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Athens Police Department adjusts to new technology

In the past, Athens, Ohio, police officers were limited with their communication abilities by using minimal-range radios in their cruisers. Violations and police reports were written with pencil and paper, which made filing and documenting crime reports difficult to sort and read, The Athens Messenger cited.

Athens Police Department moves to technology
However, now the Athens Police Department uses advanced technology to catch criminals and log crime reports in its system. For some of the more veteran officers, the changing times can be difficult, but the new technology is helping solve more cases in the area.

"There are times when it's tough to negotiate the tech world," Police Chief Tom Pyle told the source. "Just give me a piece of paper and let me write the charge. I think most of the older officers feel the same way."

Rick Crossen, a veteran officer for the APD explained that he remembers writing reports on a piece of paper, but he also thinks about how annoying it was to type and create reports on a typewriter, The Athens Messenger reported.

Outdated equipment reassures officers about using new devices
Chief Pyle still has the old policing equipment used in the 1960s and 1970s. The outdated composite sketch systems that have movable noses, eyes and mustaches for witnesses to form familiar faces. Additionally, the station still has the fossil radios with extremely low bandwidth that could only reach up to a mile for communication, the source reported.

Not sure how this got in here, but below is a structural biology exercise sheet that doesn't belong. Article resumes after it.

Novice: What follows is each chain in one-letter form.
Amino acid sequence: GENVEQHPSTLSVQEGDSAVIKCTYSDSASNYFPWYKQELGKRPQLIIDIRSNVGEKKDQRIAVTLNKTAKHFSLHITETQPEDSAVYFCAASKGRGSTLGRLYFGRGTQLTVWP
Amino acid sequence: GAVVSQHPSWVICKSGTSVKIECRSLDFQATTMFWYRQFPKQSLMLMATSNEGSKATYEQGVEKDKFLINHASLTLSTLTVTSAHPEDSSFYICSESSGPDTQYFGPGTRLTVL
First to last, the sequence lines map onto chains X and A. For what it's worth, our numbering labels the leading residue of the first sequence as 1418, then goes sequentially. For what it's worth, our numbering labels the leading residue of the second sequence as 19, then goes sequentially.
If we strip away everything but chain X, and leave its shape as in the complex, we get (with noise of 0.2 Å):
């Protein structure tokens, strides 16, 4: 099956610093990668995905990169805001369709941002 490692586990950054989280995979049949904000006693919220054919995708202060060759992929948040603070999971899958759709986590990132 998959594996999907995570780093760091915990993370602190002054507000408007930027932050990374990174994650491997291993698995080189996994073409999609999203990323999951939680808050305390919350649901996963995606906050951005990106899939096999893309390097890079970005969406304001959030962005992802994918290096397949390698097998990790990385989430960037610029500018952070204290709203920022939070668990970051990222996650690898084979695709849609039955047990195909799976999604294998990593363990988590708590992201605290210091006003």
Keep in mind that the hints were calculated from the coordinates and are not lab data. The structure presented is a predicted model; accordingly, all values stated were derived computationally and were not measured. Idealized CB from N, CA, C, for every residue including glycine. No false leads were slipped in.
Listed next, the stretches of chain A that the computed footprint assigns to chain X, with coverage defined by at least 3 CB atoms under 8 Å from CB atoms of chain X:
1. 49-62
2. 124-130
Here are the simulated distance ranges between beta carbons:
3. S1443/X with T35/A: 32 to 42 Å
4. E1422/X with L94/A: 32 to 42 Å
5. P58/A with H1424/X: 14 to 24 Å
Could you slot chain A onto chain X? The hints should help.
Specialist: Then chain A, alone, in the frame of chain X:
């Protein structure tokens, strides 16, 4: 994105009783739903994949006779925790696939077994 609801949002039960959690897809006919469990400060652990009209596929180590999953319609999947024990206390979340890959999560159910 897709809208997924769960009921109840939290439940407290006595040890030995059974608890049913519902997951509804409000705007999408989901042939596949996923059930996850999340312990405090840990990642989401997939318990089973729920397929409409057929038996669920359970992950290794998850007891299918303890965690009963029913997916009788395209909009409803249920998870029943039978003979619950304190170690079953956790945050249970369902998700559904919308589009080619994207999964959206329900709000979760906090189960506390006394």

The APD now uses a multi-agency radio communication system (MARCS) to keep in touch with numerous first responders. According to the Ohio Department of Administrative Services, the MARCS technology provides wireless digital communications and allows interoperability that can increase police efficiency and help during emergency situations.

The system is a 700/800 megahertz (MHz) radio and its data networking system allows subscribers throughout Ohio and those in a 10-mile radius outside of the state to tune in, the source reported. It gives officers GPS-based locations for police cruisers, so officers can visually see what other agents in the field are nearby.

Department now working paperless
The shift in technology for the APD has helped it move its office to a completely digital station that no longer uses paper to record or file reports, The Athens Messenger reported. The station used to just have one police computer, but now has officers connected with smartphones.

"Some of that stuff was inconvenient but it's all we knew at the time," said Crossen, according to the source. "Sometimes though, I think the old stuff would [be] better but I like the computers, the new technology and I don't think I'd want to go back."


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